My new machine contains an NVIDIA GeForce2 MX/MX 400 graphics card with 64MB RAM. I had installed Fedora core 2 on my machine and even though it had detected the graphics card right, was using a generic driver - the result being choppy graphics especially when running software making use of OpenGL libraries. I visited the NVIDA website and found that Nvida does support Linux platform actively. In fact, there was a latest version of the driver for GeForce2 MX/MX 400 card available for download. I selected the type of graphics card and the platform from its website and started the download. There was only one file called NVIDIA-Linux-x86-1.0-7174-pkg1.run to download which was around 9 MB size.After downloading the file, I logged in as 'root' and started the installation as follows:
# sh NVIDIA-Linux-x86-1.0-7174-pkg1.run
IMPORTANT: Do not run the above command while in the GUI mode - ie while running X. Always run it while in run level 3 - ie: text console only mode. For starting Linux in console mode, modify a single line in the file /etc/inittab from:
And then reboot your machine. There is an easier way though; which is to fire up a terminal and as root, enter the command:
# init 3to log in to runlevel 3 or console mode.
Coming back to our topic, the .run file is a self-extracting archive. When the NVIDIA-Linux-x86-1.0-7174-pkg1.run file is executed, it extracts the contents of the archive, and runs the contained `nvidia-installer` utility, which will walk you through installation of the NVIDIA driver.Once the installation starts, the installer will first check if it has a precompiled kernel interface for the kernel you are using. I have a 2.6 kernel which obviously had a precompiled kernel interface and so the installation went smoothly. But if it is otherwise, then the installer will check if there is one on the NVIDIA ftp site - provided you are connected to the Internet - and download it. If no matching precompiled kernel interface is found, the installer will compile the kernel interface for your machine.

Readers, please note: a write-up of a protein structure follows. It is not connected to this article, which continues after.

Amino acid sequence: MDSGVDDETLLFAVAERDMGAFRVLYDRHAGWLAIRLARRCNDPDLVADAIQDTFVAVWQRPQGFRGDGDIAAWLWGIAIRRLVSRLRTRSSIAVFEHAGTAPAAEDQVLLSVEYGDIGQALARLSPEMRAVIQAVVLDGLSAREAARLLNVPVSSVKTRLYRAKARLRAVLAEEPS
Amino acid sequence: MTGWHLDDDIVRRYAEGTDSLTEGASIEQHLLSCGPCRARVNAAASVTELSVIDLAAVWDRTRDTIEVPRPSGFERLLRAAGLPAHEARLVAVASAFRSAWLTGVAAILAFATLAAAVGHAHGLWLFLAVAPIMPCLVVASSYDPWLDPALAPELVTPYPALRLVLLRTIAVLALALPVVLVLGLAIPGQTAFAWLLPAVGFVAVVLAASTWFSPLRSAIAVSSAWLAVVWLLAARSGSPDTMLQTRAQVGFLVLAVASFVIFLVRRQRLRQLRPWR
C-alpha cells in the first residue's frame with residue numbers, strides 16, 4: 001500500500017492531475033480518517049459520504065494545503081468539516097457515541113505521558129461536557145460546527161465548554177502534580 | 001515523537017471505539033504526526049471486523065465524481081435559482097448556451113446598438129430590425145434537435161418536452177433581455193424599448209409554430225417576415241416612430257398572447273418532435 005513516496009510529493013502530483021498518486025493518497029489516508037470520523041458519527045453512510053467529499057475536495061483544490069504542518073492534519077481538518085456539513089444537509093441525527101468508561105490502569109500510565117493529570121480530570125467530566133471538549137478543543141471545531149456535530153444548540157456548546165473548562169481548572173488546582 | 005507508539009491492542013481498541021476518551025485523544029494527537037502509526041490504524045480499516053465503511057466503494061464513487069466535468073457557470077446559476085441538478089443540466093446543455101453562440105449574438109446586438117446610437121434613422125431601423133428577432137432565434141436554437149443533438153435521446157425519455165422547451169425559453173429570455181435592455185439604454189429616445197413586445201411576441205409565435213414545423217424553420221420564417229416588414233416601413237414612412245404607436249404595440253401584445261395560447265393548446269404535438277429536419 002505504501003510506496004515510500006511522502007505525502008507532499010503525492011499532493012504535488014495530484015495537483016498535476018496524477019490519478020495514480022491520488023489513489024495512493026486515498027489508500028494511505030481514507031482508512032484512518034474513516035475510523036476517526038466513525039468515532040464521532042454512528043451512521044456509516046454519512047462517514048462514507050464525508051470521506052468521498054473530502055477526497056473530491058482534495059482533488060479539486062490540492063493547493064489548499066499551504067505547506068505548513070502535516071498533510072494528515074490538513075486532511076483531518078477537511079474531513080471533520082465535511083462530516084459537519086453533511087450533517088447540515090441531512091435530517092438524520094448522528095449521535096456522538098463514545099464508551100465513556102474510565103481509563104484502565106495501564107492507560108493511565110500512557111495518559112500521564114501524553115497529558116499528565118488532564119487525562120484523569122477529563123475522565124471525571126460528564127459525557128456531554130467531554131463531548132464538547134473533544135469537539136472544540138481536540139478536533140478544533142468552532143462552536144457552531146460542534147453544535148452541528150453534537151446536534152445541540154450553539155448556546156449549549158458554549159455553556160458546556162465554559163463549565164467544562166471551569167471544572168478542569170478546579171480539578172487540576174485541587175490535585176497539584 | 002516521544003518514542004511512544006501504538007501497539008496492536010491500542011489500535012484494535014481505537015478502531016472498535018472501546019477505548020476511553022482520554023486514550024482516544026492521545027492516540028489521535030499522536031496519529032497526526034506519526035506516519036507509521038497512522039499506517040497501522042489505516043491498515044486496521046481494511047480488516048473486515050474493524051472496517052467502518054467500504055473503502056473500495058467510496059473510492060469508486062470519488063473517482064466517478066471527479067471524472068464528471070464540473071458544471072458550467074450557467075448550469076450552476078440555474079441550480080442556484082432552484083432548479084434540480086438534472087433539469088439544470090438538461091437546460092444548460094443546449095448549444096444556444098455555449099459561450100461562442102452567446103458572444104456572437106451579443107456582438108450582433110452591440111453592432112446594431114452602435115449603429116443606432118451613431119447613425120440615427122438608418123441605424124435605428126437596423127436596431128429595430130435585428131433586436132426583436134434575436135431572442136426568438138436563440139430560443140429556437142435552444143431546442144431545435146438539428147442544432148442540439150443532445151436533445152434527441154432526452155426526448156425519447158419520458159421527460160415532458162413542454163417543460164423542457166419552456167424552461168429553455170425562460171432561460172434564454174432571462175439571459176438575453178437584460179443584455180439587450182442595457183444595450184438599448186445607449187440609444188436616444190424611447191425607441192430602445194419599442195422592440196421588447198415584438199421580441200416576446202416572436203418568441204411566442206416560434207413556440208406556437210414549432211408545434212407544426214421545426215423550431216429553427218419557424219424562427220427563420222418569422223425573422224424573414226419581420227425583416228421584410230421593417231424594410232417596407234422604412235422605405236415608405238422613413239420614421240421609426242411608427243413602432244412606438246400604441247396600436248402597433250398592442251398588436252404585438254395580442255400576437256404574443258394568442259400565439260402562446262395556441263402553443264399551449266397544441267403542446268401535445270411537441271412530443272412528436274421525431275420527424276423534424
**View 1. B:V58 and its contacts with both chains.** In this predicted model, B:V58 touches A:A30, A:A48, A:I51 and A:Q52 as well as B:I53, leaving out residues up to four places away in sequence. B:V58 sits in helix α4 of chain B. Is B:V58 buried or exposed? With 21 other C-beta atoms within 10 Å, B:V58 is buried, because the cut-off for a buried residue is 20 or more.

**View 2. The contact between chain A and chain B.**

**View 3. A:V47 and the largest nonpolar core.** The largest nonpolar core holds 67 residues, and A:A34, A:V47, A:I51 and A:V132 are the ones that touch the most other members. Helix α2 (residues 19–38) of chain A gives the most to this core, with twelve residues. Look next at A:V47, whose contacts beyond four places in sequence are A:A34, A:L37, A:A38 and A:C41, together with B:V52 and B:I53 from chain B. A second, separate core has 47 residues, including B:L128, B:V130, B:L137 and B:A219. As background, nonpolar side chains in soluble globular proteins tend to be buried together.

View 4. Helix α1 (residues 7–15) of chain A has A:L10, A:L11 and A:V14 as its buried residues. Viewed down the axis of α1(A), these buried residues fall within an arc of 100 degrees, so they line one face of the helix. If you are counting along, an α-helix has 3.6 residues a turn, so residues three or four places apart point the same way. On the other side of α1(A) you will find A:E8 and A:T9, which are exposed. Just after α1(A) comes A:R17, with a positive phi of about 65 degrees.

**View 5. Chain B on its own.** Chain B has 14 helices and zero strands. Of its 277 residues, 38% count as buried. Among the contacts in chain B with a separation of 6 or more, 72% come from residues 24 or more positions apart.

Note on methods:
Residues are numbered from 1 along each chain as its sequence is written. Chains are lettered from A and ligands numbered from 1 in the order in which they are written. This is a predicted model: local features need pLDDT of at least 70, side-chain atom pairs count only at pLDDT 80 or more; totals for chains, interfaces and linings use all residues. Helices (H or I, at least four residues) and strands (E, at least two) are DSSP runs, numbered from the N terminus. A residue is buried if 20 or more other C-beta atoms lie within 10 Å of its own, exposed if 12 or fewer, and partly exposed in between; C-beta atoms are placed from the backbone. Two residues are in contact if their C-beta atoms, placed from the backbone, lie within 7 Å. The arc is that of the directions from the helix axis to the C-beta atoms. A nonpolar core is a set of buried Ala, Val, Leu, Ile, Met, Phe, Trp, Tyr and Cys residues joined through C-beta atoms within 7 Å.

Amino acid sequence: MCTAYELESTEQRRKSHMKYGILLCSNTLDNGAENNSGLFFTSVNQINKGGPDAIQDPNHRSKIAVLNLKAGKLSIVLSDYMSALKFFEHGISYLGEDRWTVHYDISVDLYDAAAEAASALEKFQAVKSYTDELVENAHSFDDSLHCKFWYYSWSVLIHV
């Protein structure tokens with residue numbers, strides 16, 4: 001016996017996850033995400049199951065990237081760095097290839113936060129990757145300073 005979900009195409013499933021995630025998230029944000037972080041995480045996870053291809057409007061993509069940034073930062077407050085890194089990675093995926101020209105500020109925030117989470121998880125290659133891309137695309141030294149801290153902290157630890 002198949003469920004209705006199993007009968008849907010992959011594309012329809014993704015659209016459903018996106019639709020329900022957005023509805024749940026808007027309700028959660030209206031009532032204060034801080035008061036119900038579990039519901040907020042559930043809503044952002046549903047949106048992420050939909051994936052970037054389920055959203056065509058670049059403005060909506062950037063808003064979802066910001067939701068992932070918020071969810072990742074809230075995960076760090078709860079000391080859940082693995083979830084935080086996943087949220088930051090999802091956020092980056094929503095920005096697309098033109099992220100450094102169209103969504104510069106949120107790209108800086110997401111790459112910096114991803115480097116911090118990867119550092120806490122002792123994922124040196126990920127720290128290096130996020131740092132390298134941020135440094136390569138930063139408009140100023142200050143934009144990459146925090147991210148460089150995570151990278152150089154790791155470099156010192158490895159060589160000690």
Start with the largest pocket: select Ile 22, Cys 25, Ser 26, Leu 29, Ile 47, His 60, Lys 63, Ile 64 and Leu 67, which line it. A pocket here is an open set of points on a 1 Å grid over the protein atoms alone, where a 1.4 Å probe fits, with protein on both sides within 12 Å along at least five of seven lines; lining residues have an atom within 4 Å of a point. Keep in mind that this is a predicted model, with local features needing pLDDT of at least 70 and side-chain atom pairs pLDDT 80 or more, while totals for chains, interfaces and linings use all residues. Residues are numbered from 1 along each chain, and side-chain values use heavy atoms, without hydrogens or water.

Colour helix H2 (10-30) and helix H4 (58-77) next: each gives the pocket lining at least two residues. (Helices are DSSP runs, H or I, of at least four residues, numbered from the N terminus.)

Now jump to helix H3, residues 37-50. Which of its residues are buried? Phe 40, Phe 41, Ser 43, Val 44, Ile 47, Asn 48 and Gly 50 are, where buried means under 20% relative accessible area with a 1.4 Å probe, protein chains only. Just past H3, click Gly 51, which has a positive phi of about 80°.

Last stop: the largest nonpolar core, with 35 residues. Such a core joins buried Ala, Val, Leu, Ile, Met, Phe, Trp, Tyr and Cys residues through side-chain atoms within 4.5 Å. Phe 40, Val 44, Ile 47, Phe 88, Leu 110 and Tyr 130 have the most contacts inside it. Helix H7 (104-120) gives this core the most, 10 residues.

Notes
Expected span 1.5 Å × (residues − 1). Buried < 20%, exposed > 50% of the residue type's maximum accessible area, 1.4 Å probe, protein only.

NOTE: Foreseeing the latter eventuality, It is advisable to install the kernel source on your machine before starting the driver installation.
Once the installation is completed, the next step is to change the settings in the configuration file /etc/X11/xorg.conf of the X.org server to point to the nvidia driver. Below I have shown relevant section of my /etc/X11/xorg.conf file.
# Load "dri" ---- Comment out this line
# Load "GLcore" ---- Comment out this line
# portions cut for brevity
# Driver "nv" ---- Comment out this line
VendorName "Videocard vendor"
BoardName "NVIDIA GeForce 2 MX (generic)"
As seen above, I have shown those parts that needs to be changed for X to start using the nvidia drivers. First in the Module section comment out the lines Load "dri" and Load "GLcore" and make sure you have the line Load "glx". Next move to the Device section and comment out the line Driver "nv" (or Driver "vesa" ) and in its place insert the line Driver "nvidia" . This asks the X server to use nvidia drivers instead of nv or vesa drivers.
After making these changes, save and exit the /etc/X11/xorg.conf file. Now we can start the X server which will start using the newly installed nvidia drivers and make full use of the graphics card.
Note: If you have changed the runlevel to 3 by editing the /etc/inittab file as explained above, now is the right time to change it back to the original value. To move to runlevel 5 from the console, just type the following at the command prompt by logging in as root.
# init 5Epilogue
Once I restarted X using the newly installed nvidia driver, my system saw huge performance gains. I tried playing ChromiumBSU game and it ran very smoothly at around 50 fps. And most of the games using OpenGL like TuxRacer and Tuxkart started running as smooth as silk.Of course, games are not the only ones relying on a graphics card. There are a lot of programs (3ddesktop comes to my mind here) which rely on OpenGL which in turn requires a graphics card to harness its real power.